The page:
Turmeric (Curcuma longa)

Turmeric is a leafy perennial herb in the Zingerberaceae family native to Southwest India. It has short stems, long, lanceolate alternate leaves, and a knobby, highly branching rhizome that is bright orange yellow, and even more vibrant when cut open. It needs warm temperatures between 68 and 86 °F and a large amount of annual rainfall to thrive, and will not survive frost. The plants grow best in wet or even boggy soils and can tolerate shade, making them perfect for dark and wet areas of a tropical garden. The plants are gathered annually for their rhizomes, and then propagated from some of those rhizomes in the following season. Late summer is the typical blooming season for turmeric. The showy cone shaped hermaphrodite flowers are zygomorphic (symmetrical only down their middle line) and threefold, with typically three bright-yellow to cream colored petals that are fused into a corolla tube. The colors of the flowers range from fuchsias, creams, yellows, and reds to pale whitish greens.

Parts Used
Rhizome

Medicinal Uses
Turmeric has a long tradition as a culinary spice in India and Asia, where it is a main ingredient in curries, as well as a medicinal herb, acting as a stimulant, carminative, anti-oxidant, alterative, vulnerary, anti-inflammatory, and antibacterial. It’s be proven by researches to be useful in treating a wide array of symptoms and stabilize the systems, primarily benefitting and acting on the digestive, circulatory, and respiratory system. Some studies have even shown potentially effective in the treatment of certain types of cancers. In the digestive system, it’s useful for treating indigestion, balancing metabolism, dissolving gallstones, increasing bile flow, and treating acidic stomaches and gastritis. In the circulatory system, its shown to help improve and tone circulation, thin the blood, reduce risk of heart attack and strokes, ease arthritis, and lower cholesterol. In the respiratory system, it’s helpful for coughs and allergies. It also acts as a blood purifier and warmer, aiding new tissue growth. It’s also useful for women as an emmenagogue, regulating and harmonizing the menses, reducing menstrual pain and reducing uterine tumors. Turmeric also helps reduce inflammations in the body and strengthen the ligaments, aiding with injury recovery, especially when used in conjunction with yoga. It is also a skin and injury tonic both internally an externally; mixing with honey and applying to a sprain, trauma, psoriasis, fungal infections such as athletes foot, or bruises can help the area heal faster, even though it might stain your skin yellow.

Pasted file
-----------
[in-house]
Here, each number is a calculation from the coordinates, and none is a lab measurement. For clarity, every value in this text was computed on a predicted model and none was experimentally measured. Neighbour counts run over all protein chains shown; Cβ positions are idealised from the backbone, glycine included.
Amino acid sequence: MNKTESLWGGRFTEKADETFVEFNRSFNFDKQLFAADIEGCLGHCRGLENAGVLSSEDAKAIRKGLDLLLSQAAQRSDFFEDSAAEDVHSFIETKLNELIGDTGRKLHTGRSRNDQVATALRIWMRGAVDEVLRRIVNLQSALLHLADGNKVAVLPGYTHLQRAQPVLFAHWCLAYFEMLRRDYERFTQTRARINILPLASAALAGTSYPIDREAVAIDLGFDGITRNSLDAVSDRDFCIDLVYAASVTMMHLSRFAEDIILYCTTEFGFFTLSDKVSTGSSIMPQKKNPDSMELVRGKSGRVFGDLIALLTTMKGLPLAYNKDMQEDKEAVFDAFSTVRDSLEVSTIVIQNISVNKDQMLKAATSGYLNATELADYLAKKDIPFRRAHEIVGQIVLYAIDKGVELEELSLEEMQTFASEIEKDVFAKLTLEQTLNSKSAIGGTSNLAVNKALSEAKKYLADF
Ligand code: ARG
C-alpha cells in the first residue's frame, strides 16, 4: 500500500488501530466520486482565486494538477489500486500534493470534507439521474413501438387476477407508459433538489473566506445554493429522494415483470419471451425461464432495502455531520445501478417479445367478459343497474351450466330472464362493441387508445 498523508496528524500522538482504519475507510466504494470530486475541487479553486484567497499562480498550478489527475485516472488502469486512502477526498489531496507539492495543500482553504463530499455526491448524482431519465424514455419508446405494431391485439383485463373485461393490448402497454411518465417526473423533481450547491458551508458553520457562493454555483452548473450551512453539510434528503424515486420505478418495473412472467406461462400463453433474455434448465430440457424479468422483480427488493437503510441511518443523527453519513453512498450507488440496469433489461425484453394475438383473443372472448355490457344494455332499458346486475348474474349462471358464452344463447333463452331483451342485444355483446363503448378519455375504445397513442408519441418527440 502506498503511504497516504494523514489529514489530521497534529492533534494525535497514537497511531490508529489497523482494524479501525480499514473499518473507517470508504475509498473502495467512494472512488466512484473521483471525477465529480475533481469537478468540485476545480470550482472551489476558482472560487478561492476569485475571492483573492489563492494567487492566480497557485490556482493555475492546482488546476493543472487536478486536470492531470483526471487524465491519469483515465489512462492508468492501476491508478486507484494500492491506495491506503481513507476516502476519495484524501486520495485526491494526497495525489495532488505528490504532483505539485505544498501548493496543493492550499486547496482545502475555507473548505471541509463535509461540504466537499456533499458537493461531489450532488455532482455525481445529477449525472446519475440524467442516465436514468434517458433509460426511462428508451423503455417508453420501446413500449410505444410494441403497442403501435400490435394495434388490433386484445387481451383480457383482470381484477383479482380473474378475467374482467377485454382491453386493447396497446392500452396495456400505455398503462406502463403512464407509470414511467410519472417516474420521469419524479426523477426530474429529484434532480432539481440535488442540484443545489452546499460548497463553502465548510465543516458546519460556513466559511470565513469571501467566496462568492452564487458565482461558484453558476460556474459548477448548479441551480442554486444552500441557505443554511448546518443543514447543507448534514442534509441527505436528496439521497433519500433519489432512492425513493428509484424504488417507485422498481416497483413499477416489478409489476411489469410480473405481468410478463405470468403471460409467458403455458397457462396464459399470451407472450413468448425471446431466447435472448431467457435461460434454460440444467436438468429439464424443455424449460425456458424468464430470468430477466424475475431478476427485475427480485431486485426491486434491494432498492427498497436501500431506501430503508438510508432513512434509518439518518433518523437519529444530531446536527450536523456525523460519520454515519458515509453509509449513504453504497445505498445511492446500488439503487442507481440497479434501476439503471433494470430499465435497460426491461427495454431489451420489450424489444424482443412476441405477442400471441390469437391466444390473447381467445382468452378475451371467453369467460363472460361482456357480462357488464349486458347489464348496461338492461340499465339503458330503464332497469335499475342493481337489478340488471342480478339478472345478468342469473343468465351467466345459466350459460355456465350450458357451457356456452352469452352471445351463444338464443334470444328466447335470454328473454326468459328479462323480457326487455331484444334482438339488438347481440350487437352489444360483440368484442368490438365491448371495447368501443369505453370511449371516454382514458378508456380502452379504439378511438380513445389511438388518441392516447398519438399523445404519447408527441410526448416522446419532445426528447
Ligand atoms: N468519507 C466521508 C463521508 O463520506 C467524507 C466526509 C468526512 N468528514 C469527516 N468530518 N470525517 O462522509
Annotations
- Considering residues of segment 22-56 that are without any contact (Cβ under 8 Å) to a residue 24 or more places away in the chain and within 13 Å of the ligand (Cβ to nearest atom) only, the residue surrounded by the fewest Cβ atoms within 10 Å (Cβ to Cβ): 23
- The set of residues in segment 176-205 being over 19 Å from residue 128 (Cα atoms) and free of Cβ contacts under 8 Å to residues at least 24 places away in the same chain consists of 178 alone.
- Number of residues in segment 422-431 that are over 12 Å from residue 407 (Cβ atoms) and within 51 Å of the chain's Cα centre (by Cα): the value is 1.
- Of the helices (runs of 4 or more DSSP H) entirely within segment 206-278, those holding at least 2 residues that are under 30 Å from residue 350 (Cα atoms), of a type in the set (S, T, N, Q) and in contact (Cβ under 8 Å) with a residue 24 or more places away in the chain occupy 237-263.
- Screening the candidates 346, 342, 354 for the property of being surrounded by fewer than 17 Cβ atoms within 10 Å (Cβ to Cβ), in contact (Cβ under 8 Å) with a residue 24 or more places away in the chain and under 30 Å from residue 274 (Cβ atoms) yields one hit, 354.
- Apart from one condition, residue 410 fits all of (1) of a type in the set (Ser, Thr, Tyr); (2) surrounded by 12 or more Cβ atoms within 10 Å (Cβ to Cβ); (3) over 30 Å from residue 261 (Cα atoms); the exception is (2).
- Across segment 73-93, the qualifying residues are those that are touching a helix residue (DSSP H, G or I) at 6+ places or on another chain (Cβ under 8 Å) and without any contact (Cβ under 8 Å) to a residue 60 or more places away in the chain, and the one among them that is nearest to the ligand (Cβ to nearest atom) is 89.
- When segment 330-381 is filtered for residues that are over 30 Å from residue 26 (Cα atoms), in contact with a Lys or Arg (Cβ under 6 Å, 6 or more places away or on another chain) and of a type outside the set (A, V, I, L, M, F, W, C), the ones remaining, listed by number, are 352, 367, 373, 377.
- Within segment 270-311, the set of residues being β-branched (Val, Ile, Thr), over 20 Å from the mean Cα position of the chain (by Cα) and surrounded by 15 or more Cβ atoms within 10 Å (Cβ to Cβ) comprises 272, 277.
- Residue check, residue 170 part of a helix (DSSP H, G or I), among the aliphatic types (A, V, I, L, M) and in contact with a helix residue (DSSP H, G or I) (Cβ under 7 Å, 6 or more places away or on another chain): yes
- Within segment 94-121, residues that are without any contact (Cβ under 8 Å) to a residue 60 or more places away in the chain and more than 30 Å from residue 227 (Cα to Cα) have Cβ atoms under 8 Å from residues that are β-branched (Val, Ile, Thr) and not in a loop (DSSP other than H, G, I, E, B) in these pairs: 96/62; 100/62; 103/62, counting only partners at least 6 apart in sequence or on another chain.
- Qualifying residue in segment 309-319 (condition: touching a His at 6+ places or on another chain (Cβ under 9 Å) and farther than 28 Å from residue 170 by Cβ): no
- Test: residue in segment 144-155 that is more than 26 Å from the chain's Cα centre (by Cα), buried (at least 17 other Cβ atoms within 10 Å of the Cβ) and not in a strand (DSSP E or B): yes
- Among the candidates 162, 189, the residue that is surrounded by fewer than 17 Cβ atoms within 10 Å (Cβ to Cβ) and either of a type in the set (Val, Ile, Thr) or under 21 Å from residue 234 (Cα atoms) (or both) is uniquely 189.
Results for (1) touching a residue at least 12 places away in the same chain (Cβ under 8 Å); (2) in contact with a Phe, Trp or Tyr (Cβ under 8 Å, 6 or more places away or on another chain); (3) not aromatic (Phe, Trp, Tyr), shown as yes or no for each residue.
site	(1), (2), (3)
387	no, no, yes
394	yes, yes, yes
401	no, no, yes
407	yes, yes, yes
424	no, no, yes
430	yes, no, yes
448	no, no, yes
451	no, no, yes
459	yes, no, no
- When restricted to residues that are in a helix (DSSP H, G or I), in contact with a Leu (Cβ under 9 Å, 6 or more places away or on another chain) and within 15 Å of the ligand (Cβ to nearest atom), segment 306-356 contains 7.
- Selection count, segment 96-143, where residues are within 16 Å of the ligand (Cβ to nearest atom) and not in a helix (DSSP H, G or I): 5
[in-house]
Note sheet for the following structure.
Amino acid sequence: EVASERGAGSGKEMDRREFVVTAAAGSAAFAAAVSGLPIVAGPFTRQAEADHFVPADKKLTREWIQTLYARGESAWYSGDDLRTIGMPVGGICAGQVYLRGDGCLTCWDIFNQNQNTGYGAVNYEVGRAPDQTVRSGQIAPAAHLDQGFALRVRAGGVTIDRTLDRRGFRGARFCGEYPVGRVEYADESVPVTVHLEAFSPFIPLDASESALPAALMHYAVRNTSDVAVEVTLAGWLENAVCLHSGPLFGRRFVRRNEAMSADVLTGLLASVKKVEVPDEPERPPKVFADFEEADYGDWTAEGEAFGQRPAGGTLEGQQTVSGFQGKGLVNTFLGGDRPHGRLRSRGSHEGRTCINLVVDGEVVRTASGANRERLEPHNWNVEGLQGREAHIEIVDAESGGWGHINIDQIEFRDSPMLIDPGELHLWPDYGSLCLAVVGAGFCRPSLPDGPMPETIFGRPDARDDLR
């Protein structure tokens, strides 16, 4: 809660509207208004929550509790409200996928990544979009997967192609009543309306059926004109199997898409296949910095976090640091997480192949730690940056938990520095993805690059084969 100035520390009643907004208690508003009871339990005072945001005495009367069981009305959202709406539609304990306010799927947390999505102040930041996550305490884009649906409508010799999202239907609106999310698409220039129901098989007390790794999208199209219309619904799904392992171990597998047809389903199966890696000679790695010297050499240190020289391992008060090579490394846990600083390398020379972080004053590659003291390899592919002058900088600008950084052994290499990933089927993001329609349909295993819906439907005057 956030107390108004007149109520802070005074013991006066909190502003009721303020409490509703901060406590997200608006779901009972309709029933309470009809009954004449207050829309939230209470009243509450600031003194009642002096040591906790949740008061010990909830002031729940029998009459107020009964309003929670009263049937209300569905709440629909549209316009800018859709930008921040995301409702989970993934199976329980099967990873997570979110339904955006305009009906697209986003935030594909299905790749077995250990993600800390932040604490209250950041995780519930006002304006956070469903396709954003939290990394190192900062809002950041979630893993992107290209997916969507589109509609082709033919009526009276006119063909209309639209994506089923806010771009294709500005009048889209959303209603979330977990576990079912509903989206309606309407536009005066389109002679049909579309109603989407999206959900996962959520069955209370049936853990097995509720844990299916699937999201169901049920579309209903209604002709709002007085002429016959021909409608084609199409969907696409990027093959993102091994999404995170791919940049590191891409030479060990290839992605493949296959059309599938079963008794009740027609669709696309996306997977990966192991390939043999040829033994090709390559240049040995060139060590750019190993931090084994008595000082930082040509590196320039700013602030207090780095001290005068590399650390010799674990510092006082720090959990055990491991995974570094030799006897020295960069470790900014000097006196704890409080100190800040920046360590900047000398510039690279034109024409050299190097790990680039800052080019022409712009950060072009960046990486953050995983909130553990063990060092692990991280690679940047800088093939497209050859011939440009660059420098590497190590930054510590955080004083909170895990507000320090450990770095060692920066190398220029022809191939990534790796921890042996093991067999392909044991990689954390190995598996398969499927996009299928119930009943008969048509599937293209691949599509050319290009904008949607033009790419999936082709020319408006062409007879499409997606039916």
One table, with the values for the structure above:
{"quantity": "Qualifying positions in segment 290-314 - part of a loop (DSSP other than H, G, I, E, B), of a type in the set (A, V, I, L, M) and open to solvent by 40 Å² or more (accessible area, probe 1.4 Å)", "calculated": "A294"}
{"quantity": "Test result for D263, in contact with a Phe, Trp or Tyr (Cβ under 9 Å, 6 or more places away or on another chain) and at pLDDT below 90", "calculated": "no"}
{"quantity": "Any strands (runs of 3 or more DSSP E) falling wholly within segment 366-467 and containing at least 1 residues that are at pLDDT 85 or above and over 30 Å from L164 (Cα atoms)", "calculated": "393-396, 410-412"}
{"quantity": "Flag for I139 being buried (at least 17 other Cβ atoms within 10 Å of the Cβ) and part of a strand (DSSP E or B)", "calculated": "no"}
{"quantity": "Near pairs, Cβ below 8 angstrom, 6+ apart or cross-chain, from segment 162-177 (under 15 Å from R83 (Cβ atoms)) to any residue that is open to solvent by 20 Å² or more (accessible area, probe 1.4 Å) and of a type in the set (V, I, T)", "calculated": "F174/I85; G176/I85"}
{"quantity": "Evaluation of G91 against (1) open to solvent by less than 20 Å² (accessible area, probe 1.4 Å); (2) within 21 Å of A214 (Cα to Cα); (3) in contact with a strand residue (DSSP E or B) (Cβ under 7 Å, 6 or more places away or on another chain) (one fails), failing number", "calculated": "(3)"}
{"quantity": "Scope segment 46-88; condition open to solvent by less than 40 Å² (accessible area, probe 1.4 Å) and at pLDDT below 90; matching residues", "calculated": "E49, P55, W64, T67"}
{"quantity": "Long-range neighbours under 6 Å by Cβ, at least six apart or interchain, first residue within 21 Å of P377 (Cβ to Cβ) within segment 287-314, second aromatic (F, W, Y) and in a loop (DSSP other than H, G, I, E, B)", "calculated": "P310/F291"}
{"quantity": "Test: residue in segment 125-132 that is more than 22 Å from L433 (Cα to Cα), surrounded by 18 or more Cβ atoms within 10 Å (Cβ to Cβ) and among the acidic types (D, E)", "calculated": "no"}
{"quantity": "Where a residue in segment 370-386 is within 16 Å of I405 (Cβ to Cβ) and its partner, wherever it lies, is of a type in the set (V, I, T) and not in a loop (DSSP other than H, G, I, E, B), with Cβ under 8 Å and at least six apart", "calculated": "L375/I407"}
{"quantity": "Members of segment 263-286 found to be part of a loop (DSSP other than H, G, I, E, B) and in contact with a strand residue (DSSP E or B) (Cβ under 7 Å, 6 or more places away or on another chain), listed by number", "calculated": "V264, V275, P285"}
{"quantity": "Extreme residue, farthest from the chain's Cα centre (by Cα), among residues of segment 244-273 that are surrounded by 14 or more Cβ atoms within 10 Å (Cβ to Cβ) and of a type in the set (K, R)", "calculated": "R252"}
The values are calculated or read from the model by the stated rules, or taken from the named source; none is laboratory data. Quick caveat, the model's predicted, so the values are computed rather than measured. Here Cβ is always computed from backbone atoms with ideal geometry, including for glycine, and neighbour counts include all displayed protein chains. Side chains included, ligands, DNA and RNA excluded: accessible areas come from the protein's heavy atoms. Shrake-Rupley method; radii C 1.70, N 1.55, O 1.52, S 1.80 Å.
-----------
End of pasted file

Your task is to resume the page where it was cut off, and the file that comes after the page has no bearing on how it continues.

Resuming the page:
Folk Uses
In Aryuvedic energetics, turmeric is thought to cleanse the chakras and purify the energy of the subtle body, and represents the energy of the divine mother. In both Chinese and Aryuvedic medicine, turmeric was used to remedy jaundice and counteract digestive problems and nausea. The entire plant is edible and used culinarily in parts of India.

Flavor Profile and Energetics
Bitter, astringent, pungent, heating, reduces Kapha, increase Pitta and Vata in excess. Smaller, less aromatic roots are considered cooling.

Dosage
As a decoction, 1 tablespoon of root per cup of water, three times daily. As a tincture, 1 tsp three times a day. As a powder, can be added liberally to foods, mixed into milk or water, or applied as a poultice.

Combinations
Combine with black pepper for an extra anti-inflammatory boost. In Chinese medicine, turmeric can be combined with barberry or oregon grape root to release the liver.

Contraindications
Individuals with jaundice or hepatitis should consult an herbalist before using medical amounts of turmeric. Large doses of turmeric can cause photosensitivity in some individuals. Pregnant women should not use more than culinary amounts.

(s) 4, 10, 13, 15

A turmeric flower

A turmeric flower

800px-A_closeup_of_Turmeric

Turmeric plants growing in the garden.

Turmeric plants growing in the garden.

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